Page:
In-situ Raman spectroscopy of amorphous calcium phosphate to crystalline hydroxyapatite transformation

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Abstract

The Authors Amorphous calcium phosphate (Ca3(PO4)2xnH2O; n = 3–4.5; ACP) is a precursor phase of the mineral hydroxyapatite (Ca5(PO4)3(OH); HAP) that in natural settings occurs during both authigenic and biogenic mineral formation. In aqueous solutions ACP transforms rapidly to the crystalline phase. The transformation rate is highly dependent on the prevailing physico-chemical conditions, most likely on: Ca & PO4concentration, pH and temperature. In this study, we conducted a calcium phosphate precipitation experiment at 20 °C and pH 9.2, in order to study the temporal evolution of the phosphate mineralogy. We monitored and assessed the transformation process of ACP to crystalline HAP using highly time-resolved in-situ Raman spectroscopy at 100 spectra per hour, in combination with solution chemistry and XRD data. Transformation of ACP to crystalline HAP occurred within 18 h, as it is illustrated in a clear peak shift in Raman spectra from 950 cm−1to 960 cm−1as well as in a sharpening of the 960 cm−1peak. The advantages of this method are: • In-situ Raman spectroscopy facilitates quasi – continuous monitoring of phase transitions.• It is an easy to handle and non-invasive method.
Original languageEnglish
Pages (from-to)1241-1250
Number of pages10
JournalMethodsX
Volume5
DOIs
Publication statusPublished - 1 Jan 2018

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Raman Spectrum Analysis
Durapatite
Minerals
Raman spectroscopy
Crystalline materials
Phase Transition
Phosphate minerals
Phosphates
Temperature
Raman scattering
Phase transitions
Monitoring
amorphous calcium phosphate
Experiments
calcium phosphate

Keywords

  • Amorphous calcium phosphate
  • Apatite
  • In-situ monitoring
  • In-situ Raman monitoring
  • Intermediate phase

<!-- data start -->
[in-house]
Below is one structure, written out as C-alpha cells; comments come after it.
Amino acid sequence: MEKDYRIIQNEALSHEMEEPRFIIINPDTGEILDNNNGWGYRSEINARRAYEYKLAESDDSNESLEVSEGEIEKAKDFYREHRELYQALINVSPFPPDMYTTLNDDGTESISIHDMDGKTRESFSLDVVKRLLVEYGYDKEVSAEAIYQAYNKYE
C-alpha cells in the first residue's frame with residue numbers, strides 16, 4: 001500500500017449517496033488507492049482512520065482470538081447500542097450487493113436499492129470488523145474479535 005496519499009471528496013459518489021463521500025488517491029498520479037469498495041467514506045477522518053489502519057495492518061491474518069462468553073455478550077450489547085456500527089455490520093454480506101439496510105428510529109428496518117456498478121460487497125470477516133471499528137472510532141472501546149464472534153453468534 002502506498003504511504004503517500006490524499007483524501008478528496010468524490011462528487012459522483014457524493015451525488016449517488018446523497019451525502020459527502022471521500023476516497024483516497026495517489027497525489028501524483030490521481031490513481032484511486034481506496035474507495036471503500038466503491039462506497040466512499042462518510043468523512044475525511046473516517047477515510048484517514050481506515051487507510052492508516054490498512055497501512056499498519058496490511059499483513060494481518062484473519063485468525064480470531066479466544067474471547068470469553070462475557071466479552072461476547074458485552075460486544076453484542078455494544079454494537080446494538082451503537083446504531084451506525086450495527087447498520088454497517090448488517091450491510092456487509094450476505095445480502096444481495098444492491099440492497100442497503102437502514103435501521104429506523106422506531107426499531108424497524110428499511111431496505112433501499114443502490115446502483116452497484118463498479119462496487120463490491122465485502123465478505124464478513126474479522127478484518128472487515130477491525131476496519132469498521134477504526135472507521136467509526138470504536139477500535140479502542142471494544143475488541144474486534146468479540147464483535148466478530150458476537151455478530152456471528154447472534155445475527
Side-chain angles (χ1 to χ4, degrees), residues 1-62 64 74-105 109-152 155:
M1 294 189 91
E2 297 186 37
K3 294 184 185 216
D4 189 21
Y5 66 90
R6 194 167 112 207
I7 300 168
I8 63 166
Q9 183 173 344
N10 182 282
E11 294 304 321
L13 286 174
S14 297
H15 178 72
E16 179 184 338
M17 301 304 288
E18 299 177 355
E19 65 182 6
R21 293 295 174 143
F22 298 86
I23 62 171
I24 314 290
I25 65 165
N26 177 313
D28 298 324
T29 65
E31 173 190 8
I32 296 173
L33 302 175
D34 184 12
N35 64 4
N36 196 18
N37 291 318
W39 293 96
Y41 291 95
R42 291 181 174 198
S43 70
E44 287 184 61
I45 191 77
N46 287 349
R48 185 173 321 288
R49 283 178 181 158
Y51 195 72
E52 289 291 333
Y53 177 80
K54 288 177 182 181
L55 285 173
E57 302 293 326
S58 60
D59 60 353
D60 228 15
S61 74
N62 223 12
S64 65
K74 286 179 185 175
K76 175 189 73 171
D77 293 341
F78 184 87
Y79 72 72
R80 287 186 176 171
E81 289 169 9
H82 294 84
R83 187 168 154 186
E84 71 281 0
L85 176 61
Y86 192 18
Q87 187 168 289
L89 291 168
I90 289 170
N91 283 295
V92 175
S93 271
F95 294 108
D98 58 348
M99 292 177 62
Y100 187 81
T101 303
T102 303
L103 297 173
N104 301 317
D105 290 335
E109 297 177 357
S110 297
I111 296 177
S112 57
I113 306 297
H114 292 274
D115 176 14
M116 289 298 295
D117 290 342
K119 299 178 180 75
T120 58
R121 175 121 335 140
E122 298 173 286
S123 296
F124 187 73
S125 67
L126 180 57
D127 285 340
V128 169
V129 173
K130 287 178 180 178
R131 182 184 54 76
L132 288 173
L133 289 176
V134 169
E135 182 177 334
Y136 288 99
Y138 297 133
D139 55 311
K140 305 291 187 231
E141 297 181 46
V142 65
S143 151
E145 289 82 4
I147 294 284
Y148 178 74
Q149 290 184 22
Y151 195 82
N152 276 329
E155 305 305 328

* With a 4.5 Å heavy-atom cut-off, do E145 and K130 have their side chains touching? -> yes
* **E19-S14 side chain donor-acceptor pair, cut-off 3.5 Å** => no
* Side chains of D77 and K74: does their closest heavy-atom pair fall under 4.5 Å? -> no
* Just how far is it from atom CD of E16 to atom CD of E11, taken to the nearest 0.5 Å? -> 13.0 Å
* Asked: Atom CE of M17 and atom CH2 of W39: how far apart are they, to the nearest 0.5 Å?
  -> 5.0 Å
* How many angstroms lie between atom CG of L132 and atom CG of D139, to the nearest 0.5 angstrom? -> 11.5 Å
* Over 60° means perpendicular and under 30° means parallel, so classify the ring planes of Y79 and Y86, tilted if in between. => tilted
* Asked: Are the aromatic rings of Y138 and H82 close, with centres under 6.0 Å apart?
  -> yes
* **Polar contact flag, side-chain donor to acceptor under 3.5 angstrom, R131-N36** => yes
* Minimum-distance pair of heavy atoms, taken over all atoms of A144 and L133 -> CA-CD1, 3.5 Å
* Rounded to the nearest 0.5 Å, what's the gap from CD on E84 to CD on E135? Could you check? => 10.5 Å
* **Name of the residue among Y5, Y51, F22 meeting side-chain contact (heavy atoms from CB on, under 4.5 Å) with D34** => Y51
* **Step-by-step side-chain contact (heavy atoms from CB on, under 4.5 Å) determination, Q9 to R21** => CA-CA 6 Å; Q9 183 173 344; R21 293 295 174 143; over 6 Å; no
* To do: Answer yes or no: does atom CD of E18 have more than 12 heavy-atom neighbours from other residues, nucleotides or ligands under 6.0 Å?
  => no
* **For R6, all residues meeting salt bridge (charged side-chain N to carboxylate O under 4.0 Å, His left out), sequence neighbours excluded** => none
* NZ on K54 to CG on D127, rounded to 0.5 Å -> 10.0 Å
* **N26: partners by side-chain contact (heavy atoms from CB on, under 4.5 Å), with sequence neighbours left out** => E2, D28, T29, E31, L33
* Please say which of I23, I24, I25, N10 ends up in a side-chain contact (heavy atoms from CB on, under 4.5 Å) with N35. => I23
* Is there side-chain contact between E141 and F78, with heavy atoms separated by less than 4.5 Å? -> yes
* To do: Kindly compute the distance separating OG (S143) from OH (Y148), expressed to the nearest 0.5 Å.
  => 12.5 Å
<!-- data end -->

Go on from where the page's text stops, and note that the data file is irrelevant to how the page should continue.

• Raman spectroscopy

Cite this

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title = "In-situ Raman spectroscopy of amorphous calcium phosphate to crystalline hydroxyapatite transformation",
abstract = "The Authors Amorphous calcium phosphate (Ca3(PO4)2xnH2O; n = 3–4.5; ACP) is a precursor phase of the mineral hydroxyapatite (Ca5(PO4)3(OH); HAP) that in natural settings occurs during both authigenic and biogenic mineral formation. In aqueous solutions ACP transforms rapidly to the crystalline phase. The transformation rate is highly dependent on the prevailing physico-chemical conditions, most likely on: Ca & PO4concentration, pH and temperature. In this study, we conducted a calcium phosphate precipitation experiment at 20 °C and pH 9.2, in order to study the temporal evolution of the phosphate mineralogy. We monitored and assessed the transformation process of ACP to crystalline HAP using highly time-resolved in-situ Raman spectroscopy at 100 spectra per hour, in combination with solution chemistry and XRD data. Transformation of ACP to crystalline HAP occurred within 18 h, as it is illustrated in a clear peak shift in Raman spectra from 950 cm−1to 960 cm−1as well as in a sharpening of the 960 cm−1peak. The advantages of this method are: • In-situ Raman spectroscopy facilitates quasi – continuous monitoring of phase transitions.• It is an easy to handle and non-invasive method.",